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Problem I see is what about supplies? If you use your AED you will have to reorder supplies, how will they come to you and how long will they take? What kind of AED will you be using? Will it have a manual override? AED's are programmed to shock for only a couple of dysrhythmias and they are not used for traumatic arrest so will the AED be truly useful in where you are going? I am assuming your going somewhere like Haiti where you will be doing more humanitarian type medical stuff and not a lot of trauma.

Here in Seattle we have a company called Remote Medical International and in addition to selling supplies (they have a pretty extensive catalog) they also specialize in third world medicene. They have a whole team of Paramedics and Doctors that they send to other countries. Maybe giving them a call will shed some light on this. They travel with EKG monitors I am sure they can tell you how to travel with an AED. Just a thought.

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Thanks for all of the input everyone.

I took a leap of faith and put the AED in my carry on. The conversation went like this

Security; What is this?

Me: A Defibrillator

Security: What does it do?

Me: It defibrillates.

Security; I mean what do you use it for?

Me: For people with heart problems.

Security: Let me X-ray it again

After running it through the X-ray and calling a couple of other agents to look at it he turns to me and said "Any liquids in your bag?"

Bingo. Question Answered. AEDs are allowed on airplanes in carry on luggage.

@ MikeEMT. No trauma here. Our team is pretty organized and have worked together for years. I simply do not know the building we will be working in and what will be available when we get there. I always expect there to be less than we will need.

I hope we don't need it, but if we do, It will beat having nothing.

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Security let you through, but may not have known what the device was. I'd suggest for the future, if the airline doesn't have an answer if a Defib can go as Carry-On, contact the Federal Aviation Administration, and have a letterhead hard copy of the answer (if yes) to show security, and if need be, the cabin and flight crew.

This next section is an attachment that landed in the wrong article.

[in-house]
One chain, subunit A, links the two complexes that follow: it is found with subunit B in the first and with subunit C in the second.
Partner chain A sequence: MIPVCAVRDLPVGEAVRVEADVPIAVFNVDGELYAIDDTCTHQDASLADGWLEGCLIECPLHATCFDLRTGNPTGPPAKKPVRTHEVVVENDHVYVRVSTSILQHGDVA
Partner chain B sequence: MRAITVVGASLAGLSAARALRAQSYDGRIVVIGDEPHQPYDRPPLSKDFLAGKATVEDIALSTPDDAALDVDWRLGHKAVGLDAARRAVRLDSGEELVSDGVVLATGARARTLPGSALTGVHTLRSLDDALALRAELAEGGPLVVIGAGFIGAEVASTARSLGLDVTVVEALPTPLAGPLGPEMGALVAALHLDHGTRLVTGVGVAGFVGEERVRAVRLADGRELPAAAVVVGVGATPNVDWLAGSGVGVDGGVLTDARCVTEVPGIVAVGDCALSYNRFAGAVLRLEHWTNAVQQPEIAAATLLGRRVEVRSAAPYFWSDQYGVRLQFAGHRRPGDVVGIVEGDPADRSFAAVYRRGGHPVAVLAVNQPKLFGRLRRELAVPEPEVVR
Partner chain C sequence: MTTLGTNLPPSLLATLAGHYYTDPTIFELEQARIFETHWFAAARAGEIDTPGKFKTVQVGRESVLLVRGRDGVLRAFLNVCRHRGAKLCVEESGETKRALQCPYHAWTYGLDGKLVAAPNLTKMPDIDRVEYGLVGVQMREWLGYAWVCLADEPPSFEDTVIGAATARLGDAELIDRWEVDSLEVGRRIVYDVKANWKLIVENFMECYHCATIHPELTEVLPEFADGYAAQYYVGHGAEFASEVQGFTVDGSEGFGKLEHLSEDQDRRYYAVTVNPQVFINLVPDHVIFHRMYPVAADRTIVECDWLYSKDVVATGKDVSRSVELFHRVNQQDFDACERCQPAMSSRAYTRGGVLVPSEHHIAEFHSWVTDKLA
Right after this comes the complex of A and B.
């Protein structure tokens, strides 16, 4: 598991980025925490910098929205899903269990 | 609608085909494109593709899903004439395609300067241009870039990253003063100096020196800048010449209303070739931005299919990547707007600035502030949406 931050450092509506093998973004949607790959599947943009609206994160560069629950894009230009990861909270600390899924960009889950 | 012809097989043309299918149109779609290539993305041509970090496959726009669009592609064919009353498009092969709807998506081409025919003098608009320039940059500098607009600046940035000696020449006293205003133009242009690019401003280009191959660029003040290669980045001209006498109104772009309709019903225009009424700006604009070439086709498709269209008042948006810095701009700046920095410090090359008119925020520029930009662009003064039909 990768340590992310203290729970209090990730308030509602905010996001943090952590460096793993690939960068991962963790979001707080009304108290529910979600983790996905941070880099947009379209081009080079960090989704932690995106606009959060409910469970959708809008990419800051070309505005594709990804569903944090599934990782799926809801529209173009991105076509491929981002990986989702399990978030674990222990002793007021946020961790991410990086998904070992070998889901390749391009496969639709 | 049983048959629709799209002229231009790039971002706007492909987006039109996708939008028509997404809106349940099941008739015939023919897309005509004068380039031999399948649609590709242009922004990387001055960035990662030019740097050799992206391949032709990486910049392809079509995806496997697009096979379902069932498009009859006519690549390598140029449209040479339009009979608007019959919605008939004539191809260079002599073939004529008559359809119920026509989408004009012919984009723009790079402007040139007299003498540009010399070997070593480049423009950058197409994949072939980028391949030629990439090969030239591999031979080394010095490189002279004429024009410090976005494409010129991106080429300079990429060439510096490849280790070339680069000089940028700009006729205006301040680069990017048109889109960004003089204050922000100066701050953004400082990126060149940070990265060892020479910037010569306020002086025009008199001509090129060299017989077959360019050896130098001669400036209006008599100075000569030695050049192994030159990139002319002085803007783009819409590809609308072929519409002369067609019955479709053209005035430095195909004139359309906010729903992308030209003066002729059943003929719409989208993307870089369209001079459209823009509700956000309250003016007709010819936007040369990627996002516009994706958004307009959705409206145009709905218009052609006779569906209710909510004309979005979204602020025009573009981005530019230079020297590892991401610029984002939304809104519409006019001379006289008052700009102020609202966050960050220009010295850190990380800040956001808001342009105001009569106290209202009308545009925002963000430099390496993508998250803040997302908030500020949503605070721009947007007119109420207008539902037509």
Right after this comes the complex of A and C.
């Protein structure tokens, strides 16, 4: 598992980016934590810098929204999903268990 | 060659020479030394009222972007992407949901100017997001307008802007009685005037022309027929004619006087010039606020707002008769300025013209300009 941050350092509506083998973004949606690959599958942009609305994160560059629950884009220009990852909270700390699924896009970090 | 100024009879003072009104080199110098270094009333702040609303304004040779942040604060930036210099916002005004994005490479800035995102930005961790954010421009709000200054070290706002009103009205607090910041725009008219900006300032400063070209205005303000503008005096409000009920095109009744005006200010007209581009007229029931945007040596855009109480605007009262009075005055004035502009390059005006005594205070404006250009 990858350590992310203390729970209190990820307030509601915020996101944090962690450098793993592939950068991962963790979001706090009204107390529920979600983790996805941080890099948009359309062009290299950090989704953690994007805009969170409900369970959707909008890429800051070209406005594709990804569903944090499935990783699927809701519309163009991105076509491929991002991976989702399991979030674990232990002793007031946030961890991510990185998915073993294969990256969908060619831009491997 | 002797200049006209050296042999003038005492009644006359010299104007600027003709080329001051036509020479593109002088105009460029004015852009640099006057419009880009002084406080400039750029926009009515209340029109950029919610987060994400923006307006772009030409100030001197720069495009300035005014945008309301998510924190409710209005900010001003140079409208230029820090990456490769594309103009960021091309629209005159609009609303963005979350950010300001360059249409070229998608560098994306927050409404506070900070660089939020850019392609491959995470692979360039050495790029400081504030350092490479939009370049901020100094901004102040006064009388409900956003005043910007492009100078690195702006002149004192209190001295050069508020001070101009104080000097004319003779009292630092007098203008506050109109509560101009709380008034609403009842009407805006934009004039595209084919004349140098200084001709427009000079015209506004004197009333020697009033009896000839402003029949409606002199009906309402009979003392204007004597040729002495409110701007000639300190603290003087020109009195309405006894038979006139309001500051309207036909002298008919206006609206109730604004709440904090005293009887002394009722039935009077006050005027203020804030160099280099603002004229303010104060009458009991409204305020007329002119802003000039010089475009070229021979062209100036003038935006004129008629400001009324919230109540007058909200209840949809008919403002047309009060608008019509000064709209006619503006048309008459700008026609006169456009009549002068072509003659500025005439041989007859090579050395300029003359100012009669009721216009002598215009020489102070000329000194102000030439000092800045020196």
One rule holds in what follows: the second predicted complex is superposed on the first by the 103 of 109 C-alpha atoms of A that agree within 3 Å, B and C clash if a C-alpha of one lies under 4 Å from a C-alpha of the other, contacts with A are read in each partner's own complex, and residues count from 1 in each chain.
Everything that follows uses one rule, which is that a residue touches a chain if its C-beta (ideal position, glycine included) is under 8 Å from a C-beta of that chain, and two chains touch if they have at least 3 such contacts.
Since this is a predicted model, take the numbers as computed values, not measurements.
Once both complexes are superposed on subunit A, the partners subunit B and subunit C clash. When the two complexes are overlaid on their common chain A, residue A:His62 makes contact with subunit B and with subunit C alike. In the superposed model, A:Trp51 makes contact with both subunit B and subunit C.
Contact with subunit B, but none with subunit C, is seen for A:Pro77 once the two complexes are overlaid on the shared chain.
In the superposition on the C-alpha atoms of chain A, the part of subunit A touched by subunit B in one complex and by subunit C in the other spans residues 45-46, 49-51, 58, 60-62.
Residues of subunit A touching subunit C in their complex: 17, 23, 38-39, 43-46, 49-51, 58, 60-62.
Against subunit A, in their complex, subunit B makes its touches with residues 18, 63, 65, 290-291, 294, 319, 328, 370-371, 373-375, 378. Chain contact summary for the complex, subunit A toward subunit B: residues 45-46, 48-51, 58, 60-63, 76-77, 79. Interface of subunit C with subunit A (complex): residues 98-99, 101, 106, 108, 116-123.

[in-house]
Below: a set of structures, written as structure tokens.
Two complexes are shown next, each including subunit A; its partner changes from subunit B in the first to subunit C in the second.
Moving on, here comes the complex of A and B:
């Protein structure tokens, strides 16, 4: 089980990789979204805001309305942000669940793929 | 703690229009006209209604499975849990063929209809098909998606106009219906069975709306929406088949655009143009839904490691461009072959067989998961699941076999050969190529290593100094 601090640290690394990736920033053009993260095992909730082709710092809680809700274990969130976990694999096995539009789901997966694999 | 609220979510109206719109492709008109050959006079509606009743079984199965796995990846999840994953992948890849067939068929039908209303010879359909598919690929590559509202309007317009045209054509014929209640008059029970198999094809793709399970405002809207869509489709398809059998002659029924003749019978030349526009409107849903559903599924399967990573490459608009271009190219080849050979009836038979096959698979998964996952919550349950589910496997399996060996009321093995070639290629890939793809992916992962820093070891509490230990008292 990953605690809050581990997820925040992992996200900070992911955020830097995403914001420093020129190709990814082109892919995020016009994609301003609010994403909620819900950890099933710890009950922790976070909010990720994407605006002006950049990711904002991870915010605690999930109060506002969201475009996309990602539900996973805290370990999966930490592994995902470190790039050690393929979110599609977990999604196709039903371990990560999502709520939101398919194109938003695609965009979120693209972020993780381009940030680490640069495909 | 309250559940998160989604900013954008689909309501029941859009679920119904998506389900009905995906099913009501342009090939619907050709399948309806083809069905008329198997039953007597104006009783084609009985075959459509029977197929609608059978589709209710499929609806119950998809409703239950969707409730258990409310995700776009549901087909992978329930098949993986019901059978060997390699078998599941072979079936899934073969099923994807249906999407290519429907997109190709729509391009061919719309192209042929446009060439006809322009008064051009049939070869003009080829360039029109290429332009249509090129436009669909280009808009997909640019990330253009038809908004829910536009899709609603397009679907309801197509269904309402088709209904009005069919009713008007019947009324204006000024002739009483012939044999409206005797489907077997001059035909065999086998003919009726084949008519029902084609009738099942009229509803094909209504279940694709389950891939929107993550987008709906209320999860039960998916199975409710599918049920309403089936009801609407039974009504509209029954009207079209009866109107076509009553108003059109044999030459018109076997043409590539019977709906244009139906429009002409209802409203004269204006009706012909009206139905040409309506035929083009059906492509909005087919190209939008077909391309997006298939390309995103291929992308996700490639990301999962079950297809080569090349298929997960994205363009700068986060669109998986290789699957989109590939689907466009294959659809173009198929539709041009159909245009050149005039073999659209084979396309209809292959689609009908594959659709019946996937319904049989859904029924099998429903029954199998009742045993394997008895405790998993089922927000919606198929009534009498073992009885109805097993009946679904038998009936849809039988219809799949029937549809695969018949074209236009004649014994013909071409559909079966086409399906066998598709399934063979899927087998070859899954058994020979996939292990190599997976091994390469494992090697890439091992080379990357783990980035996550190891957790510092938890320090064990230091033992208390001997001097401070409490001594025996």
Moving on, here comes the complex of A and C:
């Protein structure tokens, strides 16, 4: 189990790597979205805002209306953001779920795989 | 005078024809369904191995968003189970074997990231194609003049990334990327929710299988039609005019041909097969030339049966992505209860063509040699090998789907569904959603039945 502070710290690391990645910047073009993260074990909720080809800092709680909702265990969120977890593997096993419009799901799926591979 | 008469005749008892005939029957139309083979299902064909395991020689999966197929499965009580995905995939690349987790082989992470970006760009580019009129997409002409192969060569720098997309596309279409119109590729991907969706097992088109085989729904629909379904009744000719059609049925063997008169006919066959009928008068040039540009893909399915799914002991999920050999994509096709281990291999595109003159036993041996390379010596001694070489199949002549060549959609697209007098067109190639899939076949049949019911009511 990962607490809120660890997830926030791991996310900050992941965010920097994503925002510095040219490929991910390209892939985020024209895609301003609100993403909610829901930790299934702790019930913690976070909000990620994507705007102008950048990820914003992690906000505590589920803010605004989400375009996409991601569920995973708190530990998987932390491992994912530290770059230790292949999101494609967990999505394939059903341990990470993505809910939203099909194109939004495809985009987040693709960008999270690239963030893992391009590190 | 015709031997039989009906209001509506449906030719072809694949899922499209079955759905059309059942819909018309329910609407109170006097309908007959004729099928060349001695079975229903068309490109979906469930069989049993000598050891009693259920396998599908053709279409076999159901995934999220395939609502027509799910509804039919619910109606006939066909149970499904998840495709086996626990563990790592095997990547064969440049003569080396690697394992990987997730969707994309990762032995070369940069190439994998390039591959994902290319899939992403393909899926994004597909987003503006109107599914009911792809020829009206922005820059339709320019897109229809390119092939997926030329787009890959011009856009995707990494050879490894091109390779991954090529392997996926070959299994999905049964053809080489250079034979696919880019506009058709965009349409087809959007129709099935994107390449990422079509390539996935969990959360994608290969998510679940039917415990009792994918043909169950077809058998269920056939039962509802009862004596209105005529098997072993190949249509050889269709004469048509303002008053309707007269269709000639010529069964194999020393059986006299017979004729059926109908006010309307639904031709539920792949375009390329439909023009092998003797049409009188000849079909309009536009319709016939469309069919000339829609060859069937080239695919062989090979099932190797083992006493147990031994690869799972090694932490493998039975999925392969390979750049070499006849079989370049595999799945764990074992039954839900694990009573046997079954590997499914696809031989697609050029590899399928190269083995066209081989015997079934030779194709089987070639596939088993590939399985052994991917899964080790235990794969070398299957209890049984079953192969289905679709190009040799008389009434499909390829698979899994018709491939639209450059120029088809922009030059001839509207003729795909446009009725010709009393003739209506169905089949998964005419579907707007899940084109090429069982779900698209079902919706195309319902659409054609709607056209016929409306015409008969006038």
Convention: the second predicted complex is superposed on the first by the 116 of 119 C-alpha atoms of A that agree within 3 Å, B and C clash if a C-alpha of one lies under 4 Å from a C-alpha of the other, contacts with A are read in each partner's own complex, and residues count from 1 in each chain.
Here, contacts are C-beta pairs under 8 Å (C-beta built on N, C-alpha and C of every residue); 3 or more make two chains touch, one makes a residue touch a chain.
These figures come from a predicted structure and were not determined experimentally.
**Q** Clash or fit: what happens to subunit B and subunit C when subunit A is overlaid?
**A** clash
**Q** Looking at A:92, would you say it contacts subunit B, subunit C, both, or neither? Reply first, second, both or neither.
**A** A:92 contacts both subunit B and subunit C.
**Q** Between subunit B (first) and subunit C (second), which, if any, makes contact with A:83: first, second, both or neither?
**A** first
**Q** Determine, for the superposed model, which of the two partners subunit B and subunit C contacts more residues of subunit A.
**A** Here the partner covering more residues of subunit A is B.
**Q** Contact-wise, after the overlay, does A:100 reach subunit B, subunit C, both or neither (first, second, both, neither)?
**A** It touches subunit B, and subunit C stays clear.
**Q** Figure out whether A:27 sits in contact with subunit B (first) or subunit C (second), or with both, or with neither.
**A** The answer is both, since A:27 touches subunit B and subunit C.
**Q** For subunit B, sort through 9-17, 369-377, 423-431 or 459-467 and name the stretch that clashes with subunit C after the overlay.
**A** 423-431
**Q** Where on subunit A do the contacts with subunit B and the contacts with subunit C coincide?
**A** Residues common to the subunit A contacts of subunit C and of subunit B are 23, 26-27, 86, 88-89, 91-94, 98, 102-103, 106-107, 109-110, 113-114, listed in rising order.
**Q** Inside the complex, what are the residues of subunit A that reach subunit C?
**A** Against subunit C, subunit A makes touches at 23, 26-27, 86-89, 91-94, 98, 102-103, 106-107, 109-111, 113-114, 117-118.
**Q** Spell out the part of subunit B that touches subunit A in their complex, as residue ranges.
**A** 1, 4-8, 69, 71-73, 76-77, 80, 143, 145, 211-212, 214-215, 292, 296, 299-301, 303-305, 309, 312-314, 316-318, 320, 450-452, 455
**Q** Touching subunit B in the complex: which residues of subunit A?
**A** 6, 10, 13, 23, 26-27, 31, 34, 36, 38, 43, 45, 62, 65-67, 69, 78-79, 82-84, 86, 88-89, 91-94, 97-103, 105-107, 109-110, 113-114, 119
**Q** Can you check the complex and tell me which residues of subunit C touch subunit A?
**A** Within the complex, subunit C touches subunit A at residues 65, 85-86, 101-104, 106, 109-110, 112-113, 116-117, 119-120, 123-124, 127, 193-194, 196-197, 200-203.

If you're coming back to the US from a foreign country, I'd further suggest, via that country's embassy here prior to leaving, that you ask them to inquire of their version of the FAA, and request, in both the other country's language and English, a letterhead hard copy.

In general, keep those hardcopy letters saying permission to carry the Defib be kept with your passport.

Of course, all that was just my opinion. It may either not be needed, might not be enough, or will be somewhere in between. I still say ask the FAA, the individual airlines used, the embassy or foreign council's offices, and security working the boarding gates in either direction you're travelling, BEFORE you're scheduled to travel, and carry hardcopy of all affirmative answers with you.

Just mentioning in passing, when NYPD Aviation does medevac flights, they have been known to request the batteries for both the Defib and portable radios, as there is possibility of the helicopter's electronic navigation equipment being interfered with by the medical equipment. I have not heard if they ask for EMS crew's cell-phones for the same reason.

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Richard. Ithink your advce is solid and well thought. I most likely won't go that far up the food chain. In my experience the sharks just get bigger.

I am fixing to board in the trip back after a very successful campagn. Security looked twice at the x-ray but did not even make me open my bag.

I think we are Charlie Mike.

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